The 964th person with MS has now joined the MS-STAT2 trial. So Professor Jeremy Chataway and his team have met their recruitment goal and we should have the results in 2025.
MS-STAT2 is investigating whether cholesterol-lowering drug simvastatin slows disability progression in secondary progressive MS. It’s a phase 3 trial. So it’s the final, definitive stage of testing following positive smaller trials.
With recruitment finishing, we’re a step closer to knowing whether simvastatin could be the first treatment for people with progressive MS that protects nerves from damage in MS.
What does recruitment closing mean?
Completing recruitment means the team have all the people they need taking part. So they won’t be asking anyone new to join the trial.
It’s fantastic news and a really important milestone. Without enough people taking part in the trial, the team wouldn’t be able to show whether simvastatin slows progression.
It also means MS-STAT2 is now the largest ever progressive MS trial not run by a commercial company. And this is in spite of COVID-19 forcing recruitment to pause for months.
What are the next steps for the trial?
Everyone stays part of the trial for at least three years. This is because progressive MS usually gets worse gradually. So there needs to be enough time to see whether the speed of worsening is different in the people taking simvastatin to the people taking the placebo.
Once all the participants have been in the trial for at least three years, the team will share the initial results.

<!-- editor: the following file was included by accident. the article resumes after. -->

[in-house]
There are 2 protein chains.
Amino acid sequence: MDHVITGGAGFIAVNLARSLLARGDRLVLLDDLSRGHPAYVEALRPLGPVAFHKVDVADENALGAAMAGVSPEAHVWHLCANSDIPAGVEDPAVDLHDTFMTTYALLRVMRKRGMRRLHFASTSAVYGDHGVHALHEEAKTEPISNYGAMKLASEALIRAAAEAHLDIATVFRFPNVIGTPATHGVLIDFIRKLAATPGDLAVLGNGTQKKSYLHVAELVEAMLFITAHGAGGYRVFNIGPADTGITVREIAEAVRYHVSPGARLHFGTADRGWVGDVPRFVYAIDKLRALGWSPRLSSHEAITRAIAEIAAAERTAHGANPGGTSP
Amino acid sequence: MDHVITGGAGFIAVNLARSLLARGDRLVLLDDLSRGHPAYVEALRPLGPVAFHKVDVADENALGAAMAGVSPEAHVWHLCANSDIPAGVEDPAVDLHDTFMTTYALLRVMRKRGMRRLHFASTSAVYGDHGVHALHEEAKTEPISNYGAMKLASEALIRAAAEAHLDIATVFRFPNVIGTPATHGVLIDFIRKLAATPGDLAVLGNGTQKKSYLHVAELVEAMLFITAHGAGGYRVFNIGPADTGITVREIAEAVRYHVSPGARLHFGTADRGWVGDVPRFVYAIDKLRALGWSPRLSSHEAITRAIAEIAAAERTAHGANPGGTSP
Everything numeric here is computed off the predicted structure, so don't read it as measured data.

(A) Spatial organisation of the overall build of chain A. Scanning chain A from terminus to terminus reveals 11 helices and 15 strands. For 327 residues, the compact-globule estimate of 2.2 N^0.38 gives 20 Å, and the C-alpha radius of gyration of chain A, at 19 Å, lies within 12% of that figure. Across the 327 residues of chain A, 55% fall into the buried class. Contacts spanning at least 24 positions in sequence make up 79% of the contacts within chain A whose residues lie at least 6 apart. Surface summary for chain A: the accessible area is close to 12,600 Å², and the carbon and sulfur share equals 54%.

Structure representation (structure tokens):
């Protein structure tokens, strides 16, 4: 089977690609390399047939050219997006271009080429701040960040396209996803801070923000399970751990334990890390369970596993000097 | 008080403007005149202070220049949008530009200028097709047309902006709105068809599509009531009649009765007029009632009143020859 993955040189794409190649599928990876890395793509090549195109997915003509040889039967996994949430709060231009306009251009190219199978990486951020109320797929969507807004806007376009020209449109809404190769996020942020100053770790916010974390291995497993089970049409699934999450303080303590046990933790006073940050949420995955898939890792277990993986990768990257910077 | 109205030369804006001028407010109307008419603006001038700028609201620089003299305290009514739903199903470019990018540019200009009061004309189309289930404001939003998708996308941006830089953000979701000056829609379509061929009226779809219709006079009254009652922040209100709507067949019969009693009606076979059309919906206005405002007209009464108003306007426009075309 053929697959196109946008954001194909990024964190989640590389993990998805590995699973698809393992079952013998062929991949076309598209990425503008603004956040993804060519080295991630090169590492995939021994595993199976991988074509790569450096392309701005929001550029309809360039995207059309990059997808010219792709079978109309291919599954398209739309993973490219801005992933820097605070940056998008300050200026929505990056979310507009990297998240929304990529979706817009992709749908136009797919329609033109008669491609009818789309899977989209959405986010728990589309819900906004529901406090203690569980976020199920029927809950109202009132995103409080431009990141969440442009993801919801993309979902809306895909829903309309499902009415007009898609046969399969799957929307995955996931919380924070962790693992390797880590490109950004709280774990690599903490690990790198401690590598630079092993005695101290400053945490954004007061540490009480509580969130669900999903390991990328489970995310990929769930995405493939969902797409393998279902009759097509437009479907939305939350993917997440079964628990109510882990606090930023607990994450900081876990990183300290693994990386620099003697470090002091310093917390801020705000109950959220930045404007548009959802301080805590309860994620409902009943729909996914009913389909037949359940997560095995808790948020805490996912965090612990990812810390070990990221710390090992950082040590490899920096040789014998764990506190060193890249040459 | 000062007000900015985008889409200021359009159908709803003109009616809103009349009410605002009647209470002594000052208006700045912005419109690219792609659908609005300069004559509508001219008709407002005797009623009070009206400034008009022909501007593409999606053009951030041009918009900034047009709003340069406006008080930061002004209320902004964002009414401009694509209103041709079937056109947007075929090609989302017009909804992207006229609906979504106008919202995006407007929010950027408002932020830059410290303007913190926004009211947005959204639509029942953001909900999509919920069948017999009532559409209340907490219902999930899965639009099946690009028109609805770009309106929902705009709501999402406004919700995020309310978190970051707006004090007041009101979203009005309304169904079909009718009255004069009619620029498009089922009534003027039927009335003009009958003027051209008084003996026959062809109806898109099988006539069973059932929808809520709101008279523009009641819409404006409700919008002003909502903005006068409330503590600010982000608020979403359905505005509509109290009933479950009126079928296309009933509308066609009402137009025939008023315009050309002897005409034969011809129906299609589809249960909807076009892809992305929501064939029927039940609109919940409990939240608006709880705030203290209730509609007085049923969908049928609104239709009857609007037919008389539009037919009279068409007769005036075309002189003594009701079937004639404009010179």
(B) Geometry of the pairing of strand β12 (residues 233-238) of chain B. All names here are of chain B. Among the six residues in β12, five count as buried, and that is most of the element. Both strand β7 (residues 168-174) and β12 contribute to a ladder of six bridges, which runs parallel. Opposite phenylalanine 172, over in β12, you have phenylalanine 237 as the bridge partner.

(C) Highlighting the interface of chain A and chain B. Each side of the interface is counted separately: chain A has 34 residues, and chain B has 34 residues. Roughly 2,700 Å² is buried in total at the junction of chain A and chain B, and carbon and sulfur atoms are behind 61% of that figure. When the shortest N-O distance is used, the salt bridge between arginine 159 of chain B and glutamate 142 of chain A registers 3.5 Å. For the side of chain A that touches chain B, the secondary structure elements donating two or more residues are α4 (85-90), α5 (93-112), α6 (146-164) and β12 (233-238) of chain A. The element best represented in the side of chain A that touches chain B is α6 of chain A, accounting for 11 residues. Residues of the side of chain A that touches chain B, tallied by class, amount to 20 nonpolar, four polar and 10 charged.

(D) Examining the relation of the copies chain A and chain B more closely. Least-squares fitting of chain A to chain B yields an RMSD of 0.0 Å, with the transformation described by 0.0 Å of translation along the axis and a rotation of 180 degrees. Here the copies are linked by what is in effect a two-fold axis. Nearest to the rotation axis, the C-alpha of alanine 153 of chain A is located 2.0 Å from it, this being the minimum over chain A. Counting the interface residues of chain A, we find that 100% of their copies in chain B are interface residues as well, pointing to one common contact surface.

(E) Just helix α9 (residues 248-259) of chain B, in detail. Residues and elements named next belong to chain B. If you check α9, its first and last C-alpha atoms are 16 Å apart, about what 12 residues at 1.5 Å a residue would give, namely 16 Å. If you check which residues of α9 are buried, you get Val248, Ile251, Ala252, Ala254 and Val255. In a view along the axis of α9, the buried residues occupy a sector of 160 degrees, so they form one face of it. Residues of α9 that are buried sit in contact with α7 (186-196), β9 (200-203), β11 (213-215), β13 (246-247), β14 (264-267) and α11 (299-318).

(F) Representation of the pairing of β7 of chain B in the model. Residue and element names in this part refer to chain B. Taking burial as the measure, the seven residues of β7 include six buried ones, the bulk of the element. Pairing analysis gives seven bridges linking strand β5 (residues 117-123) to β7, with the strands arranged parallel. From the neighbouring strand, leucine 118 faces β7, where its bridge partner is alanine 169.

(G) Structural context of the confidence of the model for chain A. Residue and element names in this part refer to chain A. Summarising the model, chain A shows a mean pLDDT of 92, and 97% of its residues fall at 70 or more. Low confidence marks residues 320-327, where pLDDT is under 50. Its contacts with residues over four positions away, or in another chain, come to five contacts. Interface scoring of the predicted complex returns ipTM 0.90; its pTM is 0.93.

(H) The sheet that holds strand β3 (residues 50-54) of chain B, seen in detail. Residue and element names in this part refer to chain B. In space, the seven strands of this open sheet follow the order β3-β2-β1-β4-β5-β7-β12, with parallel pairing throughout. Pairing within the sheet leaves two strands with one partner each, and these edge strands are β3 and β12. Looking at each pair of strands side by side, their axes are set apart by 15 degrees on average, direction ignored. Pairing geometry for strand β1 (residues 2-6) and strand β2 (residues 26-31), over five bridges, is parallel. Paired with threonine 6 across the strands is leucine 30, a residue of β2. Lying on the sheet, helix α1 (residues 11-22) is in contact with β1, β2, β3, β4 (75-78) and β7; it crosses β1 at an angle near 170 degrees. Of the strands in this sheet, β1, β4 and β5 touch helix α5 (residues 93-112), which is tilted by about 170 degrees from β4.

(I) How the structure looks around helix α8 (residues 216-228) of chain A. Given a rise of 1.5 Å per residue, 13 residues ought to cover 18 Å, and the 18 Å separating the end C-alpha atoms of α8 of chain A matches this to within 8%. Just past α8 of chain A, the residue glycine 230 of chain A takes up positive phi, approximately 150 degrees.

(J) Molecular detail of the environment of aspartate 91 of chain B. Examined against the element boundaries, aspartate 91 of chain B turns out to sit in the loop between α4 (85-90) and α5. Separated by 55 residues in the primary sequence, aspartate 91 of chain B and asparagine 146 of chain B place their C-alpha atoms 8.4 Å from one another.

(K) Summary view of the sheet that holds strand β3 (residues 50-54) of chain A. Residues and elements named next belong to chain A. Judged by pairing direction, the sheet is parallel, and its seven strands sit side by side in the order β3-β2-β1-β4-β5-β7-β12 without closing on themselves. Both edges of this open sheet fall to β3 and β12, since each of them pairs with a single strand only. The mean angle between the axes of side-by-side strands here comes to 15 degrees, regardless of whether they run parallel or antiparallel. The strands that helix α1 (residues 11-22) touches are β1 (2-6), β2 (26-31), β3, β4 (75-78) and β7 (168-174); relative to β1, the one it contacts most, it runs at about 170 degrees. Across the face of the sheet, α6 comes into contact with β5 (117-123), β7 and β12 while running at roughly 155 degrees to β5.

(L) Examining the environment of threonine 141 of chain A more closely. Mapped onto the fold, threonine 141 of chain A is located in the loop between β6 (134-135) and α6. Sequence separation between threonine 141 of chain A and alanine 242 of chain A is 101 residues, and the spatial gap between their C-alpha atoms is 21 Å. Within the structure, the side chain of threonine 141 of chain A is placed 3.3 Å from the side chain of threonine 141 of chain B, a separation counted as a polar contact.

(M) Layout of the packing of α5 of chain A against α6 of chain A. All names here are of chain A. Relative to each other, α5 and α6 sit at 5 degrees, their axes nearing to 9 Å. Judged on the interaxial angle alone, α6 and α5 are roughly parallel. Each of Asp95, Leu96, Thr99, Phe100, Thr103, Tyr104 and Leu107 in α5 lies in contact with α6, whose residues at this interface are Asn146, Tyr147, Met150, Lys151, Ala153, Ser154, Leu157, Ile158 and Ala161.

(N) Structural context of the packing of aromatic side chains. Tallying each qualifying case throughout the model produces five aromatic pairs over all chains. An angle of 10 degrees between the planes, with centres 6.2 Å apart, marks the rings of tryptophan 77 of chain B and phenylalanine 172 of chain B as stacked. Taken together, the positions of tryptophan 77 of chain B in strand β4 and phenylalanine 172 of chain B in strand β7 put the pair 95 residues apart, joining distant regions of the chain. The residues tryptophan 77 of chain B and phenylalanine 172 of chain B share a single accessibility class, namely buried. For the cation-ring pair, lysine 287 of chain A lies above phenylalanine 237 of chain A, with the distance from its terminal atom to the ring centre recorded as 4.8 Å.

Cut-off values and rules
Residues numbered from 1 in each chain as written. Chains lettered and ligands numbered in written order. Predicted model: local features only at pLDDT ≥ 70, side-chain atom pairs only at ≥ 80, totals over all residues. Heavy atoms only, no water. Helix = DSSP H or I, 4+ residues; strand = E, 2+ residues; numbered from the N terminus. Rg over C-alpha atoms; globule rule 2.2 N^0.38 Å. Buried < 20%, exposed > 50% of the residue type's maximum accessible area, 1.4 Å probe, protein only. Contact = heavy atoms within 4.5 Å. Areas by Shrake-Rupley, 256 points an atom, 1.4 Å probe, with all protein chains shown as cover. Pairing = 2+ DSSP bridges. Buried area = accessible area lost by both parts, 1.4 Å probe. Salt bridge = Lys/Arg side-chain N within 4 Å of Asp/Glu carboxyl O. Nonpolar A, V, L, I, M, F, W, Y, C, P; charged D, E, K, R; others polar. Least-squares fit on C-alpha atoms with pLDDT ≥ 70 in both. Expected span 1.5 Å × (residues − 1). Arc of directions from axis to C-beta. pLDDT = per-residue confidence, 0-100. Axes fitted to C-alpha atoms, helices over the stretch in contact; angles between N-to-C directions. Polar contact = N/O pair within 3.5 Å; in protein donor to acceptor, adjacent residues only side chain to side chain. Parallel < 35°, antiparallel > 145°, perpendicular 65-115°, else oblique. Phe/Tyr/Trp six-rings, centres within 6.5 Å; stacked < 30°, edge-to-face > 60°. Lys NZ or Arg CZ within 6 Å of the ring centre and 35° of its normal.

Professor Jeremy Chataway, Chief Investigator of the MS-STAT2 trial, says:
“We are delighted to have completed recruitment for MS-STAT2, a landmark trial for people living with secondary progressive MS. If successful, the trial could lead to a common, affordable statin becoming the first ever MS treatment to protect nerves.
“Recruiting almost 1,000 participants is an incredible achievement, especially as the pandemic halted recruitment for months, and many staff – including myself – were diverted to frontline NHS duties. We have the wonderful participants to thank in helping us reach this milestone and for committing to at least three years on the trial. We're looking forward to sharing the results in 2025."
Dr Emma Gray, our Assistant Director of Research says:
“Recruiting 964 participants to the MS-STAT2 trial is a really impressive MS research milestone, and we are grateful to each and every one of them for committing their time and energy to the trial. While a few treatments for early progressive MS are beginning to emerge, there are still thousands of people who have no treatment options – this trial gives our community another reason to hope.
“There’s still a way to go, but thanks to everyone involved, we’re on track to know by 2025 whether simvastatin could become the first neuroprotective MS treatment.”
Can I take part in other research for progressive MS?
If you weren’t able to join MS-STAT2, there are other research studies for primary and secondary progressive MS both open now and coming soon.
For example, we don’t fully understand yet how simvastatin might work to slow progression. But researchers think it could be to do with the amount of blood flow to the nerves. The MS-OPT trial is hoping to get a better understanding of this, so the knowledge can be used to develop other new treatments.
The team is using advanced MRI techniques to look at the brains of people with primary or secondary progressive MS taking simvastatin. They’re recruiting 40 people at University College London to take part. You can email the MS-OPT team for more information about taking part.